I’m tired. Beat to my fucking socks. Once again hearing Zack de la Rocha’s lyric, like the only song this country will ever want to sing to me: “Don’t you know they’re counting backward to zero?” So damned tired.
The source text for this poem is Lucille Clifton’s “grief.”
Pause I am thinking of a number between naught and eternity. Many stories, many artful shadings of all colors. Pause -- as we listen for your revision, your retelling of the tale. It's your story, your myth. The reconfiguration of Black death in Amerikkka. Pause -- because he thought it was a taser. And pause for the self-flagellating knife-cuts of our scoffing laughter, for the rejection of your tired, lazy myth, for this one more time of you revealing the bloody soul of Amerikkka.
National Poetry Month 2021: the Golden Shovel
As I’ve done for the last forever, I’ve chosen a poetic form, and I’m going to try to write a poem in that form every day for the month of April. I don’t always succeed, but I always give it my best shot. The “Golden Shovel” was created by Terrance Hayes in tribute to Gwendolyn Brooks. I learned about it from my friend Sonia (aka Red Emma). I’ll be using Lucille Clifton’s poems as my starting point this month. Here are the rules:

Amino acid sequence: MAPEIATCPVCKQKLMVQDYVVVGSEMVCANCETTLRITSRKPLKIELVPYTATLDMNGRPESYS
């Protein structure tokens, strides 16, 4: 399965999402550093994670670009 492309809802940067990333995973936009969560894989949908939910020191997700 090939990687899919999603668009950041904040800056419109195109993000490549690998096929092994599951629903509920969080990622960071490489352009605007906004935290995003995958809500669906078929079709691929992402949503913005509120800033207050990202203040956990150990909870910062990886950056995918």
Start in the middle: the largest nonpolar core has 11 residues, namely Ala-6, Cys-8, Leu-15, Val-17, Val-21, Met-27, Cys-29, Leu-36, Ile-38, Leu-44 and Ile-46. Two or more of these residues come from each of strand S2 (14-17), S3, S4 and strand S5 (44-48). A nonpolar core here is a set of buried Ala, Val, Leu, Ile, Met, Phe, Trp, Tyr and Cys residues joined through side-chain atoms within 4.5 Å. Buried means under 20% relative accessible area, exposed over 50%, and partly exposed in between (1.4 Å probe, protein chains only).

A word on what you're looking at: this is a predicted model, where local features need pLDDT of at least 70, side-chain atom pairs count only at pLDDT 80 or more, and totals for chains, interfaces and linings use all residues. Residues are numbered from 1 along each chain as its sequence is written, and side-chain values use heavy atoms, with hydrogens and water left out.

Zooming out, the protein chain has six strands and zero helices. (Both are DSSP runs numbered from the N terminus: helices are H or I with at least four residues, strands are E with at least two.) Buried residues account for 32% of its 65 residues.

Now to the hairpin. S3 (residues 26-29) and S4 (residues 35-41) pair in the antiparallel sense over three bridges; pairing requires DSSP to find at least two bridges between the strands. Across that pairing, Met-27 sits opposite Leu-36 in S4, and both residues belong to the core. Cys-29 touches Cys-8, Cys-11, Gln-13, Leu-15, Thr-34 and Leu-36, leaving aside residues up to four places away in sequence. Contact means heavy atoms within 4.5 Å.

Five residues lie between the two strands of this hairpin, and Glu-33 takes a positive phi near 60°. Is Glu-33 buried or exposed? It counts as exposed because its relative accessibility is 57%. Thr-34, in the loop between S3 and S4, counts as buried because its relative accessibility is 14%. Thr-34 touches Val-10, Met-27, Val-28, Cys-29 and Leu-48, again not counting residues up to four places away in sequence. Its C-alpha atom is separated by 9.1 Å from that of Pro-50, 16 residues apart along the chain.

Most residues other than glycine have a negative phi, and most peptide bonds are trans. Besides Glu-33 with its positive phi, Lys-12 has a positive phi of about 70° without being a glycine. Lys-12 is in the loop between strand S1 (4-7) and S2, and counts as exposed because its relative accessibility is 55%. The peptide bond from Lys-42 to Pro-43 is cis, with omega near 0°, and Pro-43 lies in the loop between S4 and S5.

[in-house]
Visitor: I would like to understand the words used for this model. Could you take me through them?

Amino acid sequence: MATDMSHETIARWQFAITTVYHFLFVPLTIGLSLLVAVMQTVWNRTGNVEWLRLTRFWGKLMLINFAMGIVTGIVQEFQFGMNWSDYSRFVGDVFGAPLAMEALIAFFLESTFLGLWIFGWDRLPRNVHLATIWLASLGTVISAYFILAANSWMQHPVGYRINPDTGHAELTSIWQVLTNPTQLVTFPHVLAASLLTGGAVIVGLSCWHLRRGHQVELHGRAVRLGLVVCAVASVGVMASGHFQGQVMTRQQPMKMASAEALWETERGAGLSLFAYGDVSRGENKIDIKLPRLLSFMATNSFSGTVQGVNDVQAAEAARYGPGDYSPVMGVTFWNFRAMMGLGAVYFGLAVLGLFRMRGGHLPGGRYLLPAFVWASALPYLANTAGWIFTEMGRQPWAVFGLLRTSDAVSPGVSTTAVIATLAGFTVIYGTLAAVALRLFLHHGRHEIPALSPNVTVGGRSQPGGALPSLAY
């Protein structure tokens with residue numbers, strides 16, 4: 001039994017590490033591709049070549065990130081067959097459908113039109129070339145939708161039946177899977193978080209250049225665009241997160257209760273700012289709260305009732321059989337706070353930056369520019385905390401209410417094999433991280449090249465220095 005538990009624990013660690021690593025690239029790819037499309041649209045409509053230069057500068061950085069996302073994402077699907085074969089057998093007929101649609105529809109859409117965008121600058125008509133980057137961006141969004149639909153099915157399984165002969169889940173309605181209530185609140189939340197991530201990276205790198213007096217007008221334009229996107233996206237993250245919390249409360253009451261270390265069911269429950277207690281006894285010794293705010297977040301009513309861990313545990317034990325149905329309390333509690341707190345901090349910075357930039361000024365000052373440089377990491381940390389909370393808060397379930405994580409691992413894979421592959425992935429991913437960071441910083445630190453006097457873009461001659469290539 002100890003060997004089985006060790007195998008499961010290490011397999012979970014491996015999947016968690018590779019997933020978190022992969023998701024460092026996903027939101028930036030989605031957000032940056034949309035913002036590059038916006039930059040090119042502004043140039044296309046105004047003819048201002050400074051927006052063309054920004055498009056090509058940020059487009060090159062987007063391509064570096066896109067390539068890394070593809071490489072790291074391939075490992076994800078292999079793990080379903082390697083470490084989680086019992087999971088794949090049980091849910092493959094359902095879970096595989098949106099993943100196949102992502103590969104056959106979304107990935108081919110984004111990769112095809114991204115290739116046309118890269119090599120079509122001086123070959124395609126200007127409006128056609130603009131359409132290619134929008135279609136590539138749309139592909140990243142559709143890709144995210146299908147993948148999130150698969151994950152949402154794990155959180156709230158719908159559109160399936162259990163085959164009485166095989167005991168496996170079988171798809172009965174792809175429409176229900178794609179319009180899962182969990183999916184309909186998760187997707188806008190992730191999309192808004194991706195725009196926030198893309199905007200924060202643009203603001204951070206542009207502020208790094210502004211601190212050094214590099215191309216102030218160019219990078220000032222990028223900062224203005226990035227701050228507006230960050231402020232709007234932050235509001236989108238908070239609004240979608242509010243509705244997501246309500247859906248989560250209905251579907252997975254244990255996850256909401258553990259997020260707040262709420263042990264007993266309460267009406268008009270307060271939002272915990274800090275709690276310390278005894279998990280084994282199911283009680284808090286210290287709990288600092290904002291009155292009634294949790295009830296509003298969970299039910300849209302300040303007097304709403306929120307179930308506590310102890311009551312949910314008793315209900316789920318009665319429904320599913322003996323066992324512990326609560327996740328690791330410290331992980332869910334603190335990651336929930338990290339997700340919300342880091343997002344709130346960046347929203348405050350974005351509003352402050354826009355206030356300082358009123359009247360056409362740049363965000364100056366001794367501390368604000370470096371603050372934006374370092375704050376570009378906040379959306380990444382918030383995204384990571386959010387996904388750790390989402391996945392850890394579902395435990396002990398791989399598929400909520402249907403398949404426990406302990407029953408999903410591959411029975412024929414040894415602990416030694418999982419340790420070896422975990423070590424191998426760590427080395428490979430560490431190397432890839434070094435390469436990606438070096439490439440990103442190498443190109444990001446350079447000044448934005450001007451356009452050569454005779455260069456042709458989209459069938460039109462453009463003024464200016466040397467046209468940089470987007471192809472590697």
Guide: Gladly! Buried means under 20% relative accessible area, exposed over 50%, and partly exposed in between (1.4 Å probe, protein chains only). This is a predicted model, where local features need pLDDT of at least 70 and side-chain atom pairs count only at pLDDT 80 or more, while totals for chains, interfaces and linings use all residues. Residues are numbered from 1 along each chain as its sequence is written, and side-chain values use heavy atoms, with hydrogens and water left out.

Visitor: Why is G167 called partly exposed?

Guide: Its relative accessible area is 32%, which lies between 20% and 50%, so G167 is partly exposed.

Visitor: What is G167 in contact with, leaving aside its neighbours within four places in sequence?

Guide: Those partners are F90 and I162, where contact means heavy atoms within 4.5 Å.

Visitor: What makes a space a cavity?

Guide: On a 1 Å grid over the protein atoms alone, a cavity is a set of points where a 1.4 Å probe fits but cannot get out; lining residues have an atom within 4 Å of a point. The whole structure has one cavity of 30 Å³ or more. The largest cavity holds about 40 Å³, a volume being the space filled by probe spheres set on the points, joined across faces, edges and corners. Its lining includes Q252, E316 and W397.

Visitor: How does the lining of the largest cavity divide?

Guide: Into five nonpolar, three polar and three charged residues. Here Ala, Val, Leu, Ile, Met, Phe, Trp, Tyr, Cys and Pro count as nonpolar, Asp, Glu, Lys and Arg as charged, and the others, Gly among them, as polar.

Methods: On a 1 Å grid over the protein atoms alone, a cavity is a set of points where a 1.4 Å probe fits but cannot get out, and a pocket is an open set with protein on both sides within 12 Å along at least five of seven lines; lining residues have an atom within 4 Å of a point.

- Take a line (or lines) from a poem you admire.
- Use each word in the line (or lines) as the end word for each line in your poem.
- Keep the end words in order.
- Give credit to the poet who originally wrote the line (or lines).
- The new poem does not have to be about the same subject as the poem that offers the end words.
If you pull a line with six words, your poem would be six lines long. If you pull a stanza with 24 words, your poem would be 24 lines long. And so on.
Should be interesting!